July 26, 2018
Arizona State University played a major role in the first-ever Summit on the Research and Teaching of Young Adult Literature, held at the University of Nevada, Las Vegas, June 13-16. Ten participants from ASU — faculty, alumni and doctoral students — presented 11 of the 40 keynotes and were featured in programs for authors, K-12 teachers and university scholars and administrators in attendance.
The best minds and practitioners in adolescent education, literacy, and literature were invited to the conference, which centered on youth literature — known as "YA lit" — dealing with all manner of adversity faced by teens today, from LGBTQ discrimination to racial injustice, from abuse to school violence. As teen suicide rates climb and funding for schools and social services dissipates, the future might seem bleak. The YA Summit intended to demonstrate that through reading and working together, hope and help are on the horizon.
ASU professor James Blasingame (center), a young adult literature expert, moderated a panel with authors Bill Konigsberg (left) and Chris Crutcher (right). Photo by Noah Schaffer
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Keynote speaker and ASU English Professor James Blasingame summed up the value of quality reading experiences: “Reading good young adult literature not only saves lives, but it can also help kids become the best version of themselves, providing a map to navigate a world fraught with problems.” Blasingame is also executive director of the Assembly on Literature for Adolescents of the National Council of Teachers of English.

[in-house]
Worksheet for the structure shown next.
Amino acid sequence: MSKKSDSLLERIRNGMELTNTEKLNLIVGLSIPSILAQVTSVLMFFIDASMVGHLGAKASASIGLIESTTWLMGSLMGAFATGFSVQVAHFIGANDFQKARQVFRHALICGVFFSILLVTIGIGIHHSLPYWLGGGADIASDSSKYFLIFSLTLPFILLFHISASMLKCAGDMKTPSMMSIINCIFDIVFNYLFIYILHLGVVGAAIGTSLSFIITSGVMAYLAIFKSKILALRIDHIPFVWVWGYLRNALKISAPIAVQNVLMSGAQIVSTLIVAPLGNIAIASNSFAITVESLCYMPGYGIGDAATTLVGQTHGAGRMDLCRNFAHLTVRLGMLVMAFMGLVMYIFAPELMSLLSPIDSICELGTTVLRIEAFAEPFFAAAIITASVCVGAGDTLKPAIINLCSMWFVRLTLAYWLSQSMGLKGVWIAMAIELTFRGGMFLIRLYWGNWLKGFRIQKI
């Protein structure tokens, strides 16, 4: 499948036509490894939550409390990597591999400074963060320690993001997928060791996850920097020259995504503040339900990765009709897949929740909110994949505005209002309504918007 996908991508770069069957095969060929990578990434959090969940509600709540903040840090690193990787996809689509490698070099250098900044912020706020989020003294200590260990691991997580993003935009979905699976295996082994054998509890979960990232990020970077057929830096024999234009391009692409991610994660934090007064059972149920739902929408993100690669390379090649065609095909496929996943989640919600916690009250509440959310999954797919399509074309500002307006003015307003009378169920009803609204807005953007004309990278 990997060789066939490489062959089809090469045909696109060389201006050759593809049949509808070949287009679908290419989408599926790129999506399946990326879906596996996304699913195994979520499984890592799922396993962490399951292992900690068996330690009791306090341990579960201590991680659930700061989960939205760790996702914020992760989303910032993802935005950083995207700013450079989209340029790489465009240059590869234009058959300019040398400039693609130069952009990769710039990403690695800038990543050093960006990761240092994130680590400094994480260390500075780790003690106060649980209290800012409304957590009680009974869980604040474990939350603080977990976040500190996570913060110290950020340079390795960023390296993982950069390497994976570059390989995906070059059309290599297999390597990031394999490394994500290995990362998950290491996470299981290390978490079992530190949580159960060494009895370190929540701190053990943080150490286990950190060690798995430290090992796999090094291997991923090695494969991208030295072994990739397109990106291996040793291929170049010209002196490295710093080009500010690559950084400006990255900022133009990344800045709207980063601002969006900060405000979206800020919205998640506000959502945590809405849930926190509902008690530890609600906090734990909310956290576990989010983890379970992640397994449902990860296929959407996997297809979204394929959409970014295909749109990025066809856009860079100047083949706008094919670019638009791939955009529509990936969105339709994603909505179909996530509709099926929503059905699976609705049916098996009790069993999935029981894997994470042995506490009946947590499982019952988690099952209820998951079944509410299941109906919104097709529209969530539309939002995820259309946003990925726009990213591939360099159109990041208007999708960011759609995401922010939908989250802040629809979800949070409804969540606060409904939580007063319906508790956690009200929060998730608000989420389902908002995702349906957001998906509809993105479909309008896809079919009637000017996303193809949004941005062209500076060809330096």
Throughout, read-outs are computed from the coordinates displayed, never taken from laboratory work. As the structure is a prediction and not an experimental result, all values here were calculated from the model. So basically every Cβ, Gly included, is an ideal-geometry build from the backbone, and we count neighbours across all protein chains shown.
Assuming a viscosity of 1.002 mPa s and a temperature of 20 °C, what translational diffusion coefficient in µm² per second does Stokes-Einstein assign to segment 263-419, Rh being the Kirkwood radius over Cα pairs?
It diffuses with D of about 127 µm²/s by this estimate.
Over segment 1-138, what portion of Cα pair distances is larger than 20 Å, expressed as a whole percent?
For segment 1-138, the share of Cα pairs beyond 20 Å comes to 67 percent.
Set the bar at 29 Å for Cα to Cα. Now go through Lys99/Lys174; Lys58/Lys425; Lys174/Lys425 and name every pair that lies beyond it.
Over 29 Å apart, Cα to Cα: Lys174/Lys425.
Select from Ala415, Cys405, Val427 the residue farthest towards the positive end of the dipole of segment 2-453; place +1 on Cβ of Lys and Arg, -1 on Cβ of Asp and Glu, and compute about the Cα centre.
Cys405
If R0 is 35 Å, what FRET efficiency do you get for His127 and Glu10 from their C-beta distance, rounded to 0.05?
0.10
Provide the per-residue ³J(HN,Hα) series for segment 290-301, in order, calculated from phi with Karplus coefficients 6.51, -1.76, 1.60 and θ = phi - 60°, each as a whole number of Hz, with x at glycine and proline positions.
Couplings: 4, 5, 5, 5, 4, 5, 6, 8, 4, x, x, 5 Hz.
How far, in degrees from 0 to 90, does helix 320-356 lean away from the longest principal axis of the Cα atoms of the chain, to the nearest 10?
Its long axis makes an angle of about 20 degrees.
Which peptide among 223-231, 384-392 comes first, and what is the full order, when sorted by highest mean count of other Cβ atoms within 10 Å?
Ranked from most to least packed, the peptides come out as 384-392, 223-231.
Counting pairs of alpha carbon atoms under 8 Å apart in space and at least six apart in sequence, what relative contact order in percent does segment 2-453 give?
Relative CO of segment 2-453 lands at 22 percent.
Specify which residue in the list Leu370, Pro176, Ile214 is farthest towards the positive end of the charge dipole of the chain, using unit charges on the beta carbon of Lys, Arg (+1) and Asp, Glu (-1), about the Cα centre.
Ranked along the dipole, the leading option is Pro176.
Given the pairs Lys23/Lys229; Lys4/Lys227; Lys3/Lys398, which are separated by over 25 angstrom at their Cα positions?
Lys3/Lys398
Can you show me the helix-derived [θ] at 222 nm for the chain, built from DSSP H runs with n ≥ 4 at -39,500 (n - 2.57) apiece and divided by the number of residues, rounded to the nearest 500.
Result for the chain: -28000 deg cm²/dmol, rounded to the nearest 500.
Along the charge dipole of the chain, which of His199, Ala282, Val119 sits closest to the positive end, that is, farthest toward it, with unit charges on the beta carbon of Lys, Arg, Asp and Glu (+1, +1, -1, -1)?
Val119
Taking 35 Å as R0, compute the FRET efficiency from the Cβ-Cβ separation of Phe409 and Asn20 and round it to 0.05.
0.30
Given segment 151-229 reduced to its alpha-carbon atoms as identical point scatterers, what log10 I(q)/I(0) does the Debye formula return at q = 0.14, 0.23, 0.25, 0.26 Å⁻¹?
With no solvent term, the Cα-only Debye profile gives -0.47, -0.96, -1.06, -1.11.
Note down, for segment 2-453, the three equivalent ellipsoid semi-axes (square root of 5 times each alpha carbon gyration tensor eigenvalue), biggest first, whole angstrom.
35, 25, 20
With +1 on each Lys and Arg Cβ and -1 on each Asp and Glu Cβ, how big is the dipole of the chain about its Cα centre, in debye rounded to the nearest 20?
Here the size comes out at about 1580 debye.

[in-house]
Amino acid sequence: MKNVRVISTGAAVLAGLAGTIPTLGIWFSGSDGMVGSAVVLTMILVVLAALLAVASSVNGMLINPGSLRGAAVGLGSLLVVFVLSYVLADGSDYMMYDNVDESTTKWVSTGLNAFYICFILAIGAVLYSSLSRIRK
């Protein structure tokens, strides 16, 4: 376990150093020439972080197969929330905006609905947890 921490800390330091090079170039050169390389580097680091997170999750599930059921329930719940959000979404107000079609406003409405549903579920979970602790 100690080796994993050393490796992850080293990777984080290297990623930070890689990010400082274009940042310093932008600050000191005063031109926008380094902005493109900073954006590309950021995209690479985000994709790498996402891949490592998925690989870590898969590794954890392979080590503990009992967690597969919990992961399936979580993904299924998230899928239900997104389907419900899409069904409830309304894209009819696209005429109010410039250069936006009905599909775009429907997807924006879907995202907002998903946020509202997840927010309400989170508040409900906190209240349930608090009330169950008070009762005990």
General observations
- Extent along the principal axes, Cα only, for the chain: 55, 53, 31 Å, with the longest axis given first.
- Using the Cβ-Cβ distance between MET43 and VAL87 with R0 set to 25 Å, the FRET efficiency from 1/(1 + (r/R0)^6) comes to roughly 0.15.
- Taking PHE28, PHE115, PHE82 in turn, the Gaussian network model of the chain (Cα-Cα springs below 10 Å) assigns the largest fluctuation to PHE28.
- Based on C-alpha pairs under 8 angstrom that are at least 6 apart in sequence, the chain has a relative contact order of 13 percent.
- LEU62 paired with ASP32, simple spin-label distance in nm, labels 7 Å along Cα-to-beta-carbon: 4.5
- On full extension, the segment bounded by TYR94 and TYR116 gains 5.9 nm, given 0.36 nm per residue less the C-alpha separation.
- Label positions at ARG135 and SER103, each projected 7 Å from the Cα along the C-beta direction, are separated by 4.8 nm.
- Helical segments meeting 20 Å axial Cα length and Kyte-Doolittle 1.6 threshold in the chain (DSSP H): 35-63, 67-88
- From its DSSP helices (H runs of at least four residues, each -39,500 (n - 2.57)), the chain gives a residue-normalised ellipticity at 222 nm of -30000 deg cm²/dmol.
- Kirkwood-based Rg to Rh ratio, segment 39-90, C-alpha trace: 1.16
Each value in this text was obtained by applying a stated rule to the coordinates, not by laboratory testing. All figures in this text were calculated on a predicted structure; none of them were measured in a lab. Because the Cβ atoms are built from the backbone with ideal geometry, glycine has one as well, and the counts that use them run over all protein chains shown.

YA Summit 2018 conceiver and convener, Steven Bickmore, director of the UNLV Gayle A. Zeiter Literacy Development Center, envisioned a gathering to showcase methods, materials and motivation for providing literacy instruction that enable young readers to take charge of their own circumstances. Laughter, tears, and breaking voices were the standard for four days in Las Vegas during which well-known authors, dedicated K-12 teachers, devoted librarians, internationally renowned scholars, graduate students, and community organizations convened to address growing concerns about teenagers whose lives are in shambles, and the power of reading to save them.
Assistant Professor E. Sybil Durand presented with four ASU Department of English doctoral students.
"There was something really special about the YA Summit at UNLV," she said. "YA authors, teachers, graduate students, and university professors convened in the same space and shared their creative work, research, and teaching ideas, and YA literature was firmly at the center of these conversations. For the first time in a long time, I felt part of a field of study, one that brought together all the aspects of YA literature I explore in my own work — the books themselves, the authors, how students respond to these stories, and how current and future teachers can share these stories with their students and teach them in critical ways."
ASU creative writing alum Bill Konigsberg (seated), an award-winning YA author, signed copies of his books for convention-goers at the 2018 YA Summit. Photo by Noah Schaffer
Featured author Bill Konigsberg, an ASU creative writing alumnus, weighed in about tough teen issues in his presentation. Before publishing six award-winning young adult novels, Konigsberg was most famous as the first openly gay major league sportswriter.